It shouldn’t come as a shock that the seven protagonists of For Colored Girls Who Have Considered Suicide/When the Rainbow is Enuf are respectful and kind to one another. Ntozake Shange’s 1976 choreopoem was (and continues to be) a milestone in black feminist drama – a dynamic work of poetry in motion about the glories and struggles of contemporary black women. And yet, the soft smiles and quick glances between the women, the way one slides over in her seat to make room for another, create a compassion that extends to the audience, who may hopefully extend it outside the theatre.
In Leah C. Gardiner’s production at The Public Theater, this communal energy is generated from the outset, with Myung Hee Cho’s set suggesting a come-one-come-all dance floor, complete with mirrored walls and dangling disco balls. The audience completely surrounds the space, and as the women slowly gather onstage and find their rhythms and movements, we are made aware of the immense physical effort required to share the stories that will follow.
Not that these performances are labored, or over-rehearsed, even if the choreopoem format – somewhere between slam poetry and dance (courtesy of Camille A. Brown, who blends step, vogue and hip-hop into more traditional interpretive dancing) – indelibly ties their lush movement to their words. No, the cast is fresh and vibrantly alive, generously giving speakers approving nods and snaps, or echoing their words with their own affirmations. You get the sense that no two performances could be the same. It’s the kind of community these women need, an inclusive space they have created for themselves and anyone who needs it. However specific their stories may be, they remain anonymous, referred to by the color of their dress (Lady in Blue, Lady in Orange, etc…). The rainbow they create becomes the beauty at the core of their existence.
And, God, is that beauty hard to find sometimes. On they go through their personal histories – sometimes alone, as when Lady in Red (a fierce Jayme Lawson) recounts a toxic relationship turned tragic; sometimes together, as when the Ladies in Yellow, Blue, and Purple join each other in lamenting that “a friend is hard to press charges against.” But the beauty is there, if sometimes only in the radical act of sharing one’s story and hearing themselves in others’. The strongest moments in an all-around stellar production happen with the entire cast onstage, as when they dance while proclaiming their love as “too delicate, too beautiful, too sanctified” to be thrown back in their faces.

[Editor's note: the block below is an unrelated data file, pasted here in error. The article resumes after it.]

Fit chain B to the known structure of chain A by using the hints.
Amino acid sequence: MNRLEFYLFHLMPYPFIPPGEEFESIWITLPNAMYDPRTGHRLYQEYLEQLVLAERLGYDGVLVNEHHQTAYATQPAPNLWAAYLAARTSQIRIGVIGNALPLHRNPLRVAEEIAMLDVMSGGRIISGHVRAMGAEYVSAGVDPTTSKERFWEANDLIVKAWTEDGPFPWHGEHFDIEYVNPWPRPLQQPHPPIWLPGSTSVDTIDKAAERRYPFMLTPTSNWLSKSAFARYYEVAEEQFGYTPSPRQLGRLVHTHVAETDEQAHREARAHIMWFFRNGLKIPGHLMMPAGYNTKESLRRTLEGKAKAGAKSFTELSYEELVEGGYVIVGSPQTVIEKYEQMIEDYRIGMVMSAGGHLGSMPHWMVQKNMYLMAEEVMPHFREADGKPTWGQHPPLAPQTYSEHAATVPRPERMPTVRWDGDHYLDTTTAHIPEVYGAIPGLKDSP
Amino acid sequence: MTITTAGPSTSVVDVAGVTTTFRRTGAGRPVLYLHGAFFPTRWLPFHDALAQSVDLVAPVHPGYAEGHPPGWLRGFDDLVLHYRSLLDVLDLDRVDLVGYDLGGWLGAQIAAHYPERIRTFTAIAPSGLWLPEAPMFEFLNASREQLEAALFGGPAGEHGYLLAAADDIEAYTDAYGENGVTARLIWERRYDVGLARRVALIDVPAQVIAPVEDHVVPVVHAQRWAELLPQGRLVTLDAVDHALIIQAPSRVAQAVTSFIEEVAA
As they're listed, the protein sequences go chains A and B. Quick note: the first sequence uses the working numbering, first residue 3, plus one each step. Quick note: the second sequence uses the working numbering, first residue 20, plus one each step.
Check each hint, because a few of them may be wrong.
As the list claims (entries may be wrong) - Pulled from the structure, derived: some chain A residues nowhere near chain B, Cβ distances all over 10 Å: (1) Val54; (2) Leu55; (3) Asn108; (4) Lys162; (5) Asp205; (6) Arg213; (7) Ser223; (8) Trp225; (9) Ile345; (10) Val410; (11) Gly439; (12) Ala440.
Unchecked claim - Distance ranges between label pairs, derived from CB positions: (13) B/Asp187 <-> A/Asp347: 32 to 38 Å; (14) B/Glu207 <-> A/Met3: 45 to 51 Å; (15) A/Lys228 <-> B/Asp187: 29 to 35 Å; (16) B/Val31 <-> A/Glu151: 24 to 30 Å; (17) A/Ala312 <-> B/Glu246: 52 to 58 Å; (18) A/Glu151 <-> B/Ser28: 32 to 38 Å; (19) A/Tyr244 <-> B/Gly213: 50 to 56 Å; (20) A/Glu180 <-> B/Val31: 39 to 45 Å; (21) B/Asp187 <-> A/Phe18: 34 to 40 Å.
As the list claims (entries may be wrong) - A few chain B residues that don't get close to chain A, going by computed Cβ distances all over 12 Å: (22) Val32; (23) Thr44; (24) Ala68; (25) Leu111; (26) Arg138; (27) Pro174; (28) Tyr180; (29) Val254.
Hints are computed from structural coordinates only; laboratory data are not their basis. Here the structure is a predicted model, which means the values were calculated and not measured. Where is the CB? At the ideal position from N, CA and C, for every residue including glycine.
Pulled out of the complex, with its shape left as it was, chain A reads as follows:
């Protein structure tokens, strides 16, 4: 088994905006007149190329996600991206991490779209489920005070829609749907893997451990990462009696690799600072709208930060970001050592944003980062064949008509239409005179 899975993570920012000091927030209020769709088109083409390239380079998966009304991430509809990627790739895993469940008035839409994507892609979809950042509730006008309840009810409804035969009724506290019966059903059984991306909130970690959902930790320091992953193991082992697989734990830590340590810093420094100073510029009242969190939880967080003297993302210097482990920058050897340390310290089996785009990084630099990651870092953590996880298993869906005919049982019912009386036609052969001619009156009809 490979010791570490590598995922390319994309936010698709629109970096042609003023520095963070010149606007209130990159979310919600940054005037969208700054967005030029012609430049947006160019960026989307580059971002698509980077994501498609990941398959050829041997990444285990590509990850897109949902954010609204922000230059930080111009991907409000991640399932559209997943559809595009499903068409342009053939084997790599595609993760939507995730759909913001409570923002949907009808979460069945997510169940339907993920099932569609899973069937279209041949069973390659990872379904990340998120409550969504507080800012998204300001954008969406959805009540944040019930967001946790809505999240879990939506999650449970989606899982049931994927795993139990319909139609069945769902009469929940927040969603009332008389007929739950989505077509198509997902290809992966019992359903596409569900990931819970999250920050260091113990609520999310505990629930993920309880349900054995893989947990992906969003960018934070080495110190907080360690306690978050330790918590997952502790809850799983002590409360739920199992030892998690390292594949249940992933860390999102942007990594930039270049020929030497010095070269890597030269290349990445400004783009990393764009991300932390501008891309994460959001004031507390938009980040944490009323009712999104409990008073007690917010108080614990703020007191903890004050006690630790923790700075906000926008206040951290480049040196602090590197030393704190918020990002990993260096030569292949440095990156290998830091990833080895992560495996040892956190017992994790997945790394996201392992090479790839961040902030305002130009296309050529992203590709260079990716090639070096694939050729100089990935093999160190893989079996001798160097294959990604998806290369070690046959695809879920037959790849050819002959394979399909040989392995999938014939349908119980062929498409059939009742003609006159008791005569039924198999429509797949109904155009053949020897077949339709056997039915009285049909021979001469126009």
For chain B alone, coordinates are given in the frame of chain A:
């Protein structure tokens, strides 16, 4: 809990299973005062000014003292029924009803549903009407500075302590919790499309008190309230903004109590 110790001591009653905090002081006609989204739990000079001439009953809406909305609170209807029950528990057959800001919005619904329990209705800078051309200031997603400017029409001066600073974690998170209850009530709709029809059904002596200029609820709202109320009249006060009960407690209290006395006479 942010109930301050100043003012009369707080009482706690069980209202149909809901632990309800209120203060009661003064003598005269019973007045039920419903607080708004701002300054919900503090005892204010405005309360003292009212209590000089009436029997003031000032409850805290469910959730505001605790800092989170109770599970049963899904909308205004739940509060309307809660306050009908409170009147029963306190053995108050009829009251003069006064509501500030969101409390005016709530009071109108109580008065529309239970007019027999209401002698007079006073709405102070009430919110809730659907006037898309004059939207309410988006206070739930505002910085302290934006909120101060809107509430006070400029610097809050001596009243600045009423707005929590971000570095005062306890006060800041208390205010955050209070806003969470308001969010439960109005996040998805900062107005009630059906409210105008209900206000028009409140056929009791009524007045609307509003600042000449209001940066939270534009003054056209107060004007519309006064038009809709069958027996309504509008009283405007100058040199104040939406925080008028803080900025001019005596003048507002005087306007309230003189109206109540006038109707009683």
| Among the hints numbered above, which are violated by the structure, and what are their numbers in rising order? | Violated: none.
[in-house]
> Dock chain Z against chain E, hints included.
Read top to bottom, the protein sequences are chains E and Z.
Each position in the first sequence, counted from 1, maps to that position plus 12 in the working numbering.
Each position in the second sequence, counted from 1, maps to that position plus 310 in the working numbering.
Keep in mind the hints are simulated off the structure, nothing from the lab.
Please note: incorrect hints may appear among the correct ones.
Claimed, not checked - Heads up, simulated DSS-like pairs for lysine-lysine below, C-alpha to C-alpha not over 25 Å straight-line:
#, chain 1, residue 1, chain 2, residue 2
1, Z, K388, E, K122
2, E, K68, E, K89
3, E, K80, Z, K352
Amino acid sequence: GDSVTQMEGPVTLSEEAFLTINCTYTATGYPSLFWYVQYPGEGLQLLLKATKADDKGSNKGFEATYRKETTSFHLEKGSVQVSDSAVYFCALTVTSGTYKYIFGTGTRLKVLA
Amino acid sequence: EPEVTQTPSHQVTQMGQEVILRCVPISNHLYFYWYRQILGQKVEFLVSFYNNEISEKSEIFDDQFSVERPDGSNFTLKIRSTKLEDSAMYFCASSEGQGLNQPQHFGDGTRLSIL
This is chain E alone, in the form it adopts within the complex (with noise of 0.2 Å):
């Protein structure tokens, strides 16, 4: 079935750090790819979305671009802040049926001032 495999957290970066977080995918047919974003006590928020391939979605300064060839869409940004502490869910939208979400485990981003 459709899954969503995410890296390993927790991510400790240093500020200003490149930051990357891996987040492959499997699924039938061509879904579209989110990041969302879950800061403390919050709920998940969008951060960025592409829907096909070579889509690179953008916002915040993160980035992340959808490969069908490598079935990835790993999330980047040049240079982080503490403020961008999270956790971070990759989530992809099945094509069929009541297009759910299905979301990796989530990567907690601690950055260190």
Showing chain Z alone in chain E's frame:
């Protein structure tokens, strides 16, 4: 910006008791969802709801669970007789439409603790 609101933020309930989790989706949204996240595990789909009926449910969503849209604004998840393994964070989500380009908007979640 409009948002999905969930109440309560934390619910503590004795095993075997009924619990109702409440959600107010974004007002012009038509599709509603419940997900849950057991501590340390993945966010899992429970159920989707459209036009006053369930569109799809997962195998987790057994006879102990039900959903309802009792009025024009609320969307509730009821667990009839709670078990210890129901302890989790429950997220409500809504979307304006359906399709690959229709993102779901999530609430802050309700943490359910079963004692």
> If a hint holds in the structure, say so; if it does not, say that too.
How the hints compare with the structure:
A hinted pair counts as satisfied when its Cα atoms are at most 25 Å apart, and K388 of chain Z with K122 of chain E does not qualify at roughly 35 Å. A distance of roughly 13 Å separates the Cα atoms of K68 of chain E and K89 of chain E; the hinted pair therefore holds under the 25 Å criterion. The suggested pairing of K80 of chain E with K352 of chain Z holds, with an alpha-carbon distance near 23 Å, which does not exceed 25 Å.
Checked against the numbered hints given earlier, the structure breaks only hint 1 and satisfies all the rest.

It’s not all downtrodden tragedies on the path to that dance of affirmation, though, and Gardiner and her cast deftly maintain the tone from veering into sob-story melodrama, as Tyler Perry’s 2010 film adaptation did. The most painful stories are given their due weight, but balanced by the cast’s active presence for one another. The lighter moments feel as potent as the heaviest, as in Lady in Green’s (Okwui Okpokwasili, in a breakout performance) denunciation of a lover who almost “walked off wid alla my stuff.” This Lady did not come to play, but she is less interested in shaming her ex with a grand Feminist monologue than she is in finding the comedy in coming to terms with a bad situation which will, hopefully, never repeat itself after its public venting.
What will hopefully repeat itself is the joy felt when Lady in Blue (a golden-voiced Sasha Allen) allows her powerhouse vocals to fluidly meander through a number about dreaming with “the souls of black folks.” Or in seeing Lady in Purple (the deaf actor Alexandria Wailes) dance out a story of love and beauty in the bayou.
It’s a traumatic world outside the comfortable Public Theater, and Malcolm X was not vying for woke points when he said that the most neglected person in America is the black woman. But then, Shange was not aiming for tragedy in composing this glorious vision of an inner landscape seldom given this much intricacy and life. There is only so much praise this (White) Venezuelan male critic can heap onto this work without falling into Liberal back-patting, but this production is unwavering in its honesty, allowing the sharing of deeply personal stories the space it deserves, portraying emotional truths while allowing us to find them in our own lives.